In 1 Peter 2 the apostle Peter tells us that we are like bricks (or stones) being fit together to build a house. The metaphor here is that followers of Christ fit together to form a complete structure. Placed together properly, the whole is greater than the sum of its parts.
As you come to him, a living stone rejected by men but in the sight of God chosen and precious, you yourselves like living stones are being built up as a spiritual house, to be a holy priesthood, to offer spiritual sacrifices acceptable to God through Jesus Christ.
1 Peter 2:4-5 (ESV)
Peter is telling the church that each person contributes to the overall support of the building. Like any structure, a missing brick here or there, while unsightly and certainly deficient, probably wouldn’t cause the building to collapse. But remove enough and a point will come in which the building will simply not be able to stand and serve its purpose.
The key point here is that while Peter is talking to the church as a whole, he’s not diminishing the role of each, individual person within it. And even more, he’s establishing a principle that many people struggle with: God does have a place—or rather, function—for each, individual person. Notice Peter doesn’t address where each, individual stone is placed. That’s not a job for people; that’s a job for God. Peter instead focuses on the purpose of the combined whole: to be a holy priesthood and offer spiritual sacrifices.
Peter originally wrote this letter to followers of Christ who were facing hostility as a result of their faith. It’s interesting that Peter chose this moment to remind Christians that everyone is included, valued, and even, needed. It would be easy for these people to think back to all the miracles that Jesus and his followers did and wonder why they, themselves, were experiencing adversity (and some, likely, death). Peter’s response is a reminder that they each have been chosen to be a part of something greater—something that spans not only this lifetime, but beyond. Therefore, they should stay focused and determine to live their lives accordingly.
So he came again to Cana in Galilee, where he had made the water wine. And at Capernaum there was an official whose son was ill. When this man heard that Jesus had come from Judea to Galilee, he went to him and asked him to come down and heal his son, for he was at the point of death. So Jesus said to him, “Unless you see signs and wonders you will not believe.” The official said to him, “Sir, come down before my child dies.” Jesus said to him, “Go; your son will live.” The man believed the word that Jesus spoke to him and went on his way. As he was going down, his servants met him and told him that his son was recovering. So he asked them the hour when he began to get better, and they said to him, “Yesterday at the seventh hour the fever left him.” The father knew that was the hour when Jesus had said to him, “Your son will live.” And he himself believed, and all his household.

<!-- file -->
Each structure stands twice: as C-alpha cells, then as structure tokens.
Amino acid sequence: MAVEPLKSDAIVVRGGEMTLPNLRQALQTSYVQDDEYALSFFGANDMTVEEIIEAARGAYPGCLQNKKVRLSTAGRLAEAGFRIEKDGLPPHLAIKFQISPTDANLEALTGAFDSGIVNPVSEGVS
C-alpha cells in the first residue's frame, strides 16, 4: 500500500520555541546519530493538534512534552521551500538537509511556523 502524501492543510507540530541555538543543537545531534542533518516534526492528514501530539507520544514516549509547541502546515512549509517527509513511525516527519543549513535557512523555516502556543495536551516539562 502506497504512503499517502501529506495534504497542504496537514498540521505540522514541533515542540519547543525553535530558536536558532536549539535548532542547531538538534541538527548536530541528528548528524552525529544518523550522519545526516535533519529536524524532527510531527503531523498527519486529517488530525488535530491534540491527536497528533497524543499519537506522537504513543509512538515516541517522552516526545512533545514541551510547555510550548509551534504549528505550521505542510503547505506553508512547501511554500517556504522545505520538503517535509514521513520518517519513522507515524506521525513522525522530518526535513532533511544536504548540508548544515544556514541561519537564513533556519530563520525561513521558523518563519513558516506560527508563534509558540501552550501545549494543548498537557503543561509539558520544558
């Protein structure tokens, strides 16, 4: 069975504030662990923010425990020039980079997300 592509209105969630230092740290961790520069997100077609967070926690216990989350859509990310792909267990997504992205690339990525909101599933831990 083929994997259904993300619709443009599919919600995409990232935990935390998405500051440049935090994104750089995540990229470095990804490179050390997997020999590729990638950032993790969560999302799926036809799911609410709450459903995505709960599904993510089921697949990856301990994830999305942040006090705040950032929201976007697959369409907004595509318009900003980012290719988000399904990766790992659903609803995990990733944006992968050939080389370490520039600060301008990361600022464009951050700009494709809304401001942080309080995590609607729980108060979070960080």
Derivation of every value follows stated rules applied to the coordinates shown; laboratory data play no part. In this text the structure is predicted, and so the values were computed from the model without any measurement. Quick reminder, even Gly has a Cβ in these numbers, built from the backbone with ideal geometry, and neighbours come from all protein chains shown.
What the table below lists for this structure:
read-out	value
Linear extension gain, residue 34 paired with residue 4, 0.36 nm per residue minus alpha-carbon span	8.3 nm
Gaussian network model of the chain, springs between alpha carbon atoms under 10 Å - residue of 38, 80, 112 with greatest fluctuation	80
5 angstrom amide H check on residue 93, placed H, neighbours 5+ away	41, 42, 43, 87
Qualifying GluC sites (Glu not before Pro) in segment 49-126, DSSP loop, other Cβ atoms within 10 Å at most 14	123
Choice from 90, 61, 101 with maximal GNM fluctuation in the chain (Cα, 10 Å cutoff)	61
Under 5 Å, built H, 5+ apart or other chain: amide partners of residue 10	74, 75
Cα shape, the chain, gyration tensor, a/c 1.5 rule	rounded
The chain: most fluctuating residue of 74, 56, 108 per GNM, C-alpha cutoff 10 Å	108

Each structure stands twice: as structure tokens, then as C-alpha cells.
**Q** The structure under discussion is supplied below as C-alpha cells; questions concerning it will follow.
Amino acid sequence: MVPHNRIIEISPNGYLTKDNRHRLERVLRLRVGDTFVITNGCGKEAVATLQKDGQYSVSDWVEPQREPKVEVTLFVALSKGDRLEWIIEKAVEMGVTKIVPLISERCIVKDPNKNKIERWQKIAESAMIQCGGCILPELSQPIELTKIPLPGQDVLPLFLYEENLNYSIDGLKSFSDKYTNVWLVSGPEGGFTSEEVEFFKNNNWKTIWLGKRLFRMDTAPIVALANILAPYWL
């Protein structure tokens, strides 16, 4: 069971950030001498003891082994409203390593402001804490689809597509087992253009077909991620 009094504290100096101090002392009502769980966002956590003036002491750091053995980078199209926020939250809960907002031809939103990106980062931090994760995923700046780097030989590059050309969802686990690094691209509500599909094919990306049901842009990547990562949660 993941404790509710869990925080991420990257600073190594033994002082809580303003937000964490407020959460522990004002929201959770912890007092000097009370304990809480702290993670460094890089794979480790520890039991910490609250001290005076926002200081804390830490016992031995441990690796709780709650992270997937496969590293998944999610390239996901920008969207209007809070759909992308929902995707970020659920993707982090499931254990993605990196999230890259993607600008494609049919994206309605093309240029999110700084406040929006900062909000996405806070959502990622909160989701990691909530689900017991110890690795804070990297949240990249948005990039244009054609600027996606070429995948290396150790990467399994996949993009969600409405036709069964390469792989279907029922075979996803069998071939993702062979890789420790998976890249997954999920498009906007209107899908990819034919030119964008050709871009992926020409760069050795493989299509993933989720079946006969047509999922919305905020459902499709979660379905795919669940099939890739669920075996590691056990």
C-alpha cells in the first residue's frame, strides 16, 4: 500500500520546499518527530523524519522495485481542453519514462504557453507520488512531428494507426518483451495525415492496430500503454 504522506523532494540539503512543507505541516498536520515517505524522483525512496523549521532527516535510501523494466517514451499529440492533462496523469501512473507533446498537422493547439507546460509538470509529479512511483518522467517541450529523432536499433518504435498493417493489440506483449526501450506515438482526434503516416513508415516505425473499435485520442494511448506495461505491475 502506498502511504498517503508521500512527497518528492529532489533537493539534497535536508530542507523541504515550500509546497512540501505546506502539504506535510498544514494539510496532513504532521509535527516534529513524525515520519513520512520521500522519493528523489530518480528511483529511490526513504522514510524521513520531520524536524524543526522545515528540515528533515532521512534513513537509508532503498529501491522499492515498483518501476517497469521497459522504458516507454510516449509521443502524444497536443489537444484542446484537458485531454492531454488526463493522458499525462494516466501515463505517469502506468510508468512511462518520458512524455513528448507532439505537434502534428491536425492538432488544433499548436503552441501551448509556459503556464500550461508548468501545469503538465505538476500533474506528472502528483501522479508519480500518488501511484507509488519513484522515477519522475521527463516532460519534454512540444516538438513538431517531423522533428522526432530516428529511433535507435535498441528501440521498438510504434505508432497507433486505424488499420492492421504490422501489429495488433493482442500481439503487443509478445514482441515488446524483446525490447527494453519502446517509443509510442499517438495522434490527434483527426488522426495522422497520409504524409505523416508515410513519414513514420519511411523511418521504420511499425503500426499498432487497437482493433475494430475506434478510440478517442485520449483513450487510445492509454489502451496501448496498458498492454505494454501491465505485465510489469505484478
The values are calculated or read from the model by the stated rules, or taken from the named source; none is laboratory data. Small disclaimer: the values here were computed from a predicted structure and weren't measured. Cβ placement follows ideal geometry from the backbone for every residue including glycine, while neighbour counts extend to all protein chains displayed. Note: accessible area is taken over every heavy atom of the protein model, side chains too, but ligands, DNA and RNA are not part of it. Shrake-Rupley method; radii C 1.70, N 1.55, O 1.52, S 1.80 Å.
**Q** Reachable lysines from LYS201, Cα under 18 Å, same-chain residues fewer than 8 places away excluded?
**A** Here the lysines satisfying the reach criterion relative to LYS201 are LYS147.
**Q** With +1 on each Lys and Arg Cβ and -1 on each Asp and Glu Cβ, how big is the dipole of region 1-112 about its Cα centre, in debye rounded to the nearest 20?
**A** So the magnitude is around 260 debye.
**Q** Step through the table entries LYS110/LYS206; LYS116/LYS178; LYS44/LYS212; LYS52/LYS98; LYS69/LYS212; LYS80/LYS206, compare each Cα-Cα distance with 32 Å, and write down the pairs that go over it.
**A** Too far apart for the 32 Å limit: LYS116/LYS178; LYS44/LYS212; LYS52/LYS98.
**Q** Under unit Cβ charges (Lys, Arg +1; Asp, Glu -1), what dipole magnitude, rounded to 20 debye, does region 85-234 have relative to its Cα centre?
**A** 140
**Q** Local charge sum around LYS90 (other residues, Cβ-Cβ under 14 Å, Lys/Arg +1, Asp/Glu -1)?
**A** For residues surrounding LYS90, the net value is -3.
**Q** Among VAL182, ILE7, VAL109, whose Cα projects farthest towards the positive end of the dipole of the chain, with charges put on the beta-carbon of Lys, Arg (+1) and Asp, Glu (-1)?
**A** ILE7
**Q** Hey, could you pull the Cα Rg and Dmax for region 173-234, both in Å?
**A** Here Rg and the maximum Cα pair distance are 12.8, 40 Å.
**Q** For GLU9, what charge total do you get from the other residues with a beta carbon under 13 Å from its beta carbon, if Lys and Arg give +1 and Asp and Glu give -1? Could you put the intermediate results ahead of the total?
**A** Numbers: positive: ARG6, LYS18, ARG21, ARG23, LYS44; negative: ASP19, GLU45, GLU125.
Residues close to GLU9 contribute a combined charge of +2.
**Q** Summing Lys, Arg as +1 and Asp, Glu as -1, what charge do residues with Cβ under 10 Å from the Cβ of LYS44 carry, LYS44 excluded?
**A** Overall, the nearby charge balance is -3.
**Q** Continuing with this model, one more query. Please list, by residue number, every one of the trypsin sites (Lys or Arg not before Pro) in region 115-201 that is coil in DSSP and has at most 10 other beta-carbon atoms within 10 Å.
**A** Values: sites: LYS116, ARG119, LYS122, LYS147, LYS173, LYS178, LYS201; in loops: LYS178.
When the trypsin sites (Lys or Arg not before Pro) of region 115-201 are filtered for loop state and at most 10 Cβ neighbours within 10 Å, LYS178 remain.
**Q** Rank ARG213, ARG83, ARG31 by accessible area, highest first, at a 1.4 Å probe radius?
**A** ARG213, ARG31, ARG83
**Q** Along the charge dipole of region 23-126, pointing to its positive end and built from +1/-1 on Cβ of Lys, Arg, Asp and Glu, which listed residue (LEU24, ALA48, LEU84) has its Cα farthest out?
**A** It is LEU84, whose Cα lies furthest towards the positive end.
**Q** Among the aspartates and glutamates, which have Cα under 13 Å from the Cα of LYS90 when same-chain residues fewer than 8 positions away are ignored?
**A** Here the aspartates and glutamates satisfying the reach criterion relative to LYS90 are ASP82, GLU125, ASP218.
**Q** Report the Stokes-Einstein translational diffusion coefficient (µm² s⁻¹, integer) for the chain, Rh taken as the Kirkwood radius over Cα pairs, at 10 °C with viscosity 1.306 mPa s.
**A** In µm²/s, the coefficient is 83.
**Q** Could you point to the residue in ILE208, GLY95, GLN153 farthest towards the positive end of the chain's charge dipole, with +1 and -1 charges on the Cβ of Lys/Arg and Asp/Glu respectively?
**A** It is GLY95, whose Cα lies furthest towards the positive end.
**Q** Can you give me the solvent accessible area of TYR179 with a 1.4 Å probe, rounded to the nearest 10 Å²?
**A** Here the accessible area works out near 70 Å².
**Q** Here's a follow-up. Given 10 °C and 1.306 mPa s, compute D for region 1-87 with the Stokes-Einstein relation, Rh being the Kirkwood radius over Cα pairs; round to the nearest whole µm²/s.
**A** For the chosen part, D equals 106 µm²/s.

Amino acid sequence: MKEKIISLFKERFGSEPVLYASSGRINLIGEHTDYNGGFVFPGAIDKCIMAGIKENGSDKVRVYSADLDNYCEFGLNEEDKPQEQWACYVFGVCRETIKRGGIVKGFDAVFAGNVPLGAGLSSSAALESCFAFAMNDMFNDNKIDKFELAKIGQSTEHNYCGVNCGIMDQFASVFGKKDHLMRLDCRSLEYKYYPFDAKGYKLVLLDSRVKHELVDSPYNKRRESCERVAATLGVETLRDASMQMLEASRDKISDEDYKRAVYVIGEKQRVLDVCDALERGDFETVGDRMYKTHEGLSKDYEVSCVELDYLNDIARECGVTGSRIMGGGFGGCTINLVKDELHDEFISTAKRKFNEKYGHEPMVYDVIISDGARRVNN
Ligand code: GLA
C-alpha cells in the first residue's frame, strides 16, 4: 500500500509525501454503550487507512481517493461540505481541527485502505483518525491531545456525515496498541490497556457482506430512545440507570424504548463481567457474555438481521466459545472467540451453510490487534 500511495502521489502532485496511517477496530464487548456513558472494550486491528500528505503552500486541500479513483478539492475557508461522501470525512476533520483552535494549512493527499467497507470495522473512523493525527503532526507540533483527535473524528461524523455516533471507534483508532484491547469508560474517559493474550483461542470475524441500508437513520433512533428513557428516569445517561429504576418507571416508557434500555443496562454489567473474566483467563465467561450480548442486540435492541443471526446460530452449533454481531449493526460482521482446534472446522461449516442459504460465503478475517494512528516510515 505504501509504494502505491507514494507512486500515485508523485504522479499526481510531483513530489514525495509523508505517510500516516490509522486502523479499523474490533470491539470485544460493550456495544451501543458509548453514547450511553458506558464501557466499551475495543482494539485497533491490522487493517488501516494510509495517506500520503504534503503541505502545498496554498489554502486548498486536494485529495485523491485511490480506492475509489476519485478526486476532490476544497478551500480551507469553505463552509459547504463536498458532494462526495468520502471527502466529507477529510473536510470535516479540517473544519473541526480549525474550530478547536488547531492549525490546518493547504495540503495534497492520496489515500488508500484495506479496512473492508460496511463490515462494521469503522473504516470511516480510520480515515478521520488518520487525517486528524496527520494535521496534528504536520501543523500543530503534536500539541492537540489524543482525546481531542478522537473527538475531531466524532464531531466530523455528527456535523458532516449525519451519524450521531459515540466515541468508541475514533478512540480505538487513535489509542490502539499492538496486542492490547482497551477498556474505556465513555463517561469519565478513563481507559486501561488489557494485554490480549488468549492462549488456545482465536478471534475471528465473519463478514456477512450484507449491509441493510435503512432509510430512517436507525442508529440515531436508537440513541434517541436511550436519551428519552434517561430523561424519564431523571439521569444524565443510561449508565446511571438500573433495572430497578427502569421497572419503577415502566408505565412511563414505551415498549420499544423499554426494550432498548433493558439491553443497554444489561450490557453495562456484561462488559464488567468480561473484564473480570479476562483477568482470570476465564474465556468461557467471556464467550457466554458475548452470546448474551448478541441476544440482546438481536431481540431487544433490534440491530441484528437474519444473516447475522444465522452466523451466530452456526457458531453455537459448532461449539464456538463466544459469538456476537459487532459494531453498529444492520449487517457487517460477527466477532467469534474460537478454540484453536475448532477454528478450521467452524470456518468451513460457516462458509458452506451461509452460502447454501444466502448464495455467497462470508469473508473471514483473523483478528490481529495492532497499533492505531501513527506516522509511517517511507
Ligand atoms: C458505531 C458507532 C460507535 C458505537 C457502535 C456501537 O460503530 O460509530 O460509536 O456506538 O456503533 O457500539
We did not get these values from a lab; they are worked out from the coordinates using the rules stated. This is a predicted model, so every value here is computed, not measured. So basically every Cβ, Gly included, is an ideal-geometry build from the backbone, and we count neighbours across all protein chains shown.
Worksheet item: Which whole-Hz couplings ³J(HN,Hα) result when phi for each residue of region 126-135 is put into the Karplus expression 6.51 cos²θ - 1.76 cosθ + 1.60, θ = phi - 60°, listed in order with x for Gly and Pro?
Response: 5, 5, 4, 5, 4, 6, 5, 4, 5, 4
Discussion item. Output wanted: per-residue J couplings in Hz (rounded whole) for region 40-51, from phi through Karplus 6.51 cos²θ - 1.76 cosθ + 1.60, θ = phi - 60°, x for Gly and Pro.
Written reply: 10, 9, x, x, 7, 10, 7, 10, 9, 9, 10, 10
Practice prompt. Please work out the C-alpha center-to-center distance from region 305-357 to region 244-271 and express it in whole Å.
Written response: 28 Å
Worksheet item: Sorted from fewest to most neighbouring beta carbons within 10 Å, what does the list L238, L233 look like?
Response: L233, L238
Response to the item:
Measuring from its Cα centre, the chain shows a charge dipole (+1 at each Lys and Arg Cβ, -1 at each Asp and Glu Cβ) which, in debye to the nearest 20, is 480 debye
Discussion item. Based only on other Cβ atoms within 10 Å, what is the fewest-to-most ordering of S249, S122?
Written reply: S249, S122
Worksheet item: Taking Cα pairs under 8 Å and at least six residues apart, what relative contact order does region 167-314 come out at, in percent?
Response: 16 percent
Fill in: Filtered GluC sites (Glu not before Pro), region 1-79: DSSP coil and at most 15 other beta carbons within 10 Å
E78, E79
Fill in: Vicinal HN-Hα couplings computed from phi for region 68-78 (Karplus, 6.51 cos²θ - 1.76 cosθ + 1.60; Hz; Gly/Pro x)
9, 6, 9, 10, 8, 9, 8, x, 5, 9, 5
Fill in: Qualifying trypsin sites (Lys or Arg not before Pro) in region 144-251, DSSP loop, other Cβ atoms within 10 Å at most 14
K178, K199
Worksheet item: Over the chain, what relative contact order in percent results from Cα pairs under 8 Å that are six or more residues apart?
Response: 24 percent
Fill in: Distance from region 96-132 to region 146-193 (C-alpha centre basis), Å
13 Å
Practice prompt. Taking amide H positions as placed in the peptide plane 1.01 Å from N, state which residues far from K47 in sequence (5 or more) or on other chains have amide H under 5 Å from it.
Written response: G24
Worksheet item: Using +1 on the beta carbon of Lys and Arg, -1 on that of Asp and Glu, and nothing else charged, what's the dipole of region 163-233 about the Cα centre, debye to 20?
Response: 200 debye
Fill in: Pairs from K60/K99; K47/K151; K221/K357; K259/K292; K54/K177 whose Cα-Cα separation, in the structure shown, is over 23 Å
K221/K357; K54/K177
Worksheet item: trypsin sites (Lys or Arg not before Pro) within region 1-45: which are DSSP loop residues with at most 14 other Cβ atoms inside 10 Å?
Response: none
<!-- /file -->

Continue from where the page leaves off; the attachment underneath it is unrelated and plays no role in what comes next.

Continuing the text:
John 4:46-53 (ESV)
While seemingly unrelated, the child in this passage is representative of the physical struggle and adversity experienced by the recipients of Peter’s letter. Just like the son was at the point of death, so to were those Christians. Yet Jesus’ intervention changed the trajectory of the son. Where he was once sentenced to only sickness and death, now he had been given a new lease on life. Before he would have struggled to accomplish anything because he was bedridden, now he was free to fulfill his function. Earlier his condition paralyzed friends and family who were concerned with his well being, now they were able to continue. The passage in 1 Peter 2 reminds followers of Christ that their life is valued and required; it makes a difference in God’s plan if they are included.
Sometimes the specific role or function of an individual is unclear. It’s difficult to look at one brick on a house and think that brick contributes; yet it would be obvious when looking at the house if that one brick were removed or misplaced. God doesn’t need us, God wants us to be included. He could have done anything on His own but chose to include individuals in His plan because He values each person and wants each person to recognize this through their contribution to His purposes.